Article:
Scandals don’t occur in a vacuum. Every story has a history, and the personalities involved and cultural values in play affect choices and outcomes. It’s up to a genealogist to research historical records to uncover this kind of background information.

Ed Hill used several sources to make sense of his third-great-grandfather’s 1808 capital murder trial in Caroline County, Va. He started with court records, then added bits from several family histories, interviews with descendants of the man Samuel Hill had murdered, and his knowledge of US history.

Samuel Hill was prominent and wealthy — but according to court records, had a hot temper. “He killed a man with whom he’d had a long-standing feud,” says Ed Hill, who contacted the murdered man’s descendants to see what else he could learn. It turned out the guy Hill’s ancestor had shot had a temper, too — his wife sued him for divorce because of cruelty. “The descendant of the victim I interviewed said it sounded like his ancestor got what he deserved,” he says.

But Hill wondered whether there might have been more behind the jury’s decision to condemn Samuel Hill. Samuel was described as “very British” in a family history, and he died just before the War of 1812, so anti-British sentiment might have been a factor in the trial.

Hill’s many sources helped him put his ancestor’s murderous act into a larger context. “The more you know about your family’s historical background, the better off you are,” Carlberg says. “What constitutes a scandal varies from culture to culture and from time period to time period.”

For example, did an ancestor’s community have a local preacher, or did a traveling minister visit their town every few years to marry those who’d moved in together? The answer might explain birth dates that appear on the “wrong” side of marriage dates — without any scandal whatsoever. Not sure where to find information on social mores? Start with a book such as Katherine Scott Sturdevant’s Bringing Your Family History to Life Through Social History (Betterway Books).

4. Come to terms with the past.

You might’ve heard the joke about the researcher whose ancestor was hanged as a horse thief. In her family history, the embarrassed genealogist wrote her forebear died “during an important civic function held in his honor, when the platform on which he was standing suddenly collapsed.”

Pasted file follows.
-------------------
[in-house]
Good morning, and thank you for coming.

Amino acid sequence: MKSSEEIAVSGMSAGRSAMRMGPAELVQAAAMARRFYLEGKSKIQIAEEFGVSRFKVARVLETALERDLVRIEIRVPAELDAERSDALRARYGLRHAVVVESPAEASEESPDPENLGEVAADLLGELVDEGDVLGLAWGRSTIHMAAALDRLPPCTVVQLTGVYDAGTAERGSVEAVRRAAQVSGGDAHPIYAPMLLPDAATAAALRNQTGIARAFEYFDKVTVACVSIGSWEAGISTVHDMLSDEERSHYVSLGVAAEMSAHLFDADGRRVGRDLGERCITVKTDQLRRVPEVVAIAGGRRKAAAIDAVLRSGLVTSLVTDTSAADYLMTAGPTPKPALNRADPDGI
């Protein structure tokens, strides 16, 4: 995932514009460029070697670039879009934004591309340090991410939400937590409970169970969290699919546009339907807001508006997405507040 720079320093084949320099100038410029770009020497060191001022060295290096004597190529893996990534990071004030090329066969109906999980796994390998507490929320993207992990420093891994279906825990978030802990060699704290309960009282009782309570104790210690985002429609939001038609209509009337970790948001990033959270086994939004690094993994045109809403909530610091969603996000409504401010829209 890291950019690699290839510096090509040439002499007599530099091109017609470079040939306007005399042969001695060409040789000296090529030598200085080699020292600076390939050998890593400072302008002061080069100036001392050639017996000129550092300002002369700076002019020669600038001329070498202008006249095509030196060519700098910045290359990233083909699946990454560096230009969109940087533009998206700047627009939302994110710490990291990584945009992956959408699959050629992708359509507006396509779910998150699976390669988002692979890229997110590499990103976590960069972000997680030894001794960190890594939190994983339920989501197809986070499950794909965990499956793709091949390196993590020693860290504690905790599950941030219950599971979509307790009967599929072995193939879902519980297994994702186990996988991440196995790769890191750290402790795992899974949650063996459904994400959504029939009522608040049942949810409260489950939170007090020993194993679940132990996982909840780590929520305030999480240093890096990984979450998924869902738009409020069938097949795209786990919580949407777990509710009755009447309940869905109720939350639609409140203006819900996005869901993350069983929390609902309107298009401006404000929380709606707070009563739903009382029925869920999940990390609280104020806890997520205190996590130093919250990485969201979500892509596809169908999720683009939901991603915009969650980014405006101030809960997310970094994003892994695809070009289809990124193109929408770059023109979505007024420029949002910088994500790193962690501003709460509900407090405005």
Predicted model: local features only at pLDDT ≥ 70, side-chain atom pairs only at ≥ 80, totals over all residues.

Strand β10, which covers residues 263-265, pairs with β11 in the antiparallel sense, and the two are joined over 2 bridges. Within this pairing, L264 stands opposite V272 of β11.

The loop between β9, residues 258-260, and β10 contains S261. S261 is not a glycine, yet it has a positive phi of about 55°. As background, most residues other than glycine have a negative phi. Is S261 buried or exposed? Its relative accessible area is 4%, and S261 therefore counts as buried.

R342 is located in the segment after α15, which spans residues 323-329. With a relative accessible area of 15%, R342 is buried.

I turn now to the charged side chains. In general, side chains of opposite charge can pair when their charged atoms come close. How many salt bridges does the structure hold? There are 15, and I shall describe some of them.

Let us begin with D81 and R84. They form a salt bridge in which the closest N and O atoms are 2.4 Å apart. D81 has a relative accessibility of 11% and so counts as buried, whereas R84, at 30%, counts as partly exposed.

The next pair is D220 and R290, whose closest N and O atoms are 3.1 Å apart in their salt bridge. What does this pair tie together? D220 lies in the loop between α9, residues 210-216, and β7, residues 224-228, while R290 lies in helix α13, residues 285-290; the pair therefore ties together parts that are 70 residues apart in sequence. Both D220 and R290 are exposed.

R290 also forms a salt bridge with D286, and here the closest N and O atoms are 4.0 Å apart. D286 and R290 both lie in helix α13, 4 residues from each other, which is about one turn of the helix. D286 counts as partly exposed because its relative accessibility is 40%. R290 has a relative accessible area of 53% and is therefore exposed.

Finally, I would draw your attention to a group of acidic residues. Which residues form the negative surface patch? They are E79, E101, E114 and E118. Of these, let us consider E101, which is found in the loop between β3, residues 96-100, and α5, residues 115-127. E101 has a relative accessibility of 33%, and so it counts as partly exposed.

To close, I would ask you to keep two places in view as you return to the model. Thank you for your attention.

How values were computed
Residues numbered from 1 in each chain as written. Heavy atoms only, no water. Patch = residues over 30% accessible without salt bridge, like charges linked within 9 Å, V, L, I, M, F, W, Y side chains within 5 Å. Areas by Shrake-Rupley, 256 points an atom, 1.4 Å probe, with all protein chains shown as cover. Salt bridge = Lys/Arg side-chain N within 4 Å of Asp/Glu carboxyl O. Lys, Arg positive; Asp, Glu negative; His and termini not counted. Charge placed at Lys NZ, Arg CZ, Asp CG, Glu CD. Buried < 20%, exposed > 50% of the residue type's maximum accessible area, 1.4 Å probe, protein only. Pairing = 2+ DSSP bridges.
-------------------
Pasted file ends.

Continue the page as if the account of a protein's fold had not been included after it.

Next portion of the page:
If you’re feeling uncomfortable with your family’s past, Carlberg stresses the importance of letting the facts speak for themselves. “When you find [scandals] in the branches of your family tree, you must remember that you cannot change the past,” she writes in Family Secrets and Scandals. “A good reporter leaves personal bias out and just reports the facts.”

Chris Boeman agrees. “Where you come from doesn’t determine where you’re going to end up, or where your children are going to end up.” He balances the bad ancestral apples with the good ones. “There’s something noble and edifying in everyone’s family history, too.”

But family secrets can be jarring — even scarring — when they’re more recent. Both Loomis and Richards discovered truths about people they’d known, and those truths affected their own lives.

“As a child, you hear little bits of things and you don’t know how to put it together,” Loomis says. “I was really angry about Uncle Norman. When he died, he could have chosen to bequeath shares of the family company to my father. He left him nothing. He left his shares to his business cronies, most of whom are now multimillionaires.”

Richards, who found half-siblings as an adult, is grateful to have new family to claim. It wasn’t easy to learn that his dad left three families fatherless, and it was sad that he hadn’t known his brother and sister for years. But finding those kin “gave me a sense of belonging, a place in history,” Richards says. His dad was just the black sheep of his family, he says — a hiccup in an otherwise honorable family history.

Carlberg believes that difficult family stories can help people face the future more optimistically. “Most of the time when you read family histories, you think everyone there must be perfect. I think it’s good to know the family wasn’t perfect. Everyone’s had problems in the past.”

5. Share stories sensitively.

Just because you’ve come to terms with ancestral gossip doesn’t mean your relatives will welcome its return.

Ed Hill gave his father’s cousin the full story about her great-great-grandfather Samuel Hill’s alleged character, murderous act and shameful end. She listened carefully and said, “Ed, I think you’ve researched just a little too much.”

Before broadcasting a particularly juicy tale in a book, Carlberg suggests, “think about what effect your story will have. Ask the people involved privately before you put something in print.” It’s customary not to publish any genealogical information about living people, but you also might want to get the blessing of the descendants of people involved in a scandal.

Even if a secret isn’t ready to be told, keep it in your files, Carlberg says — but be careful where you save your data. “Once, a woman came rushing in to the Family History Library to try to get her information back out of PAF [Personal Ancestral File, the Church of Jesus Christ of Latter-day Saints’ free genealogy software]. She didn’t realize that people would be able to see her notes, and they contained confidential information.” Of course, after the woman had submitted her PAF file to the library, it was too late — her private notes were public. The same is true for family Web sites and other electronic forms of data sharing. Once your information is on the Internet, you lose control over who sees it or where it ends up.

So gather your family’s buried stories with glee, but share them in a way that won’t hurt your loved ones. The main point to remember, concludes Carlberg, is “family history shouldn’t hurt. The main purpose of genealogy is to bring families together, and to enjoy finding out about your ancestors, whether they were good or bad.”
 
From the November 2008 Family Tree Magazine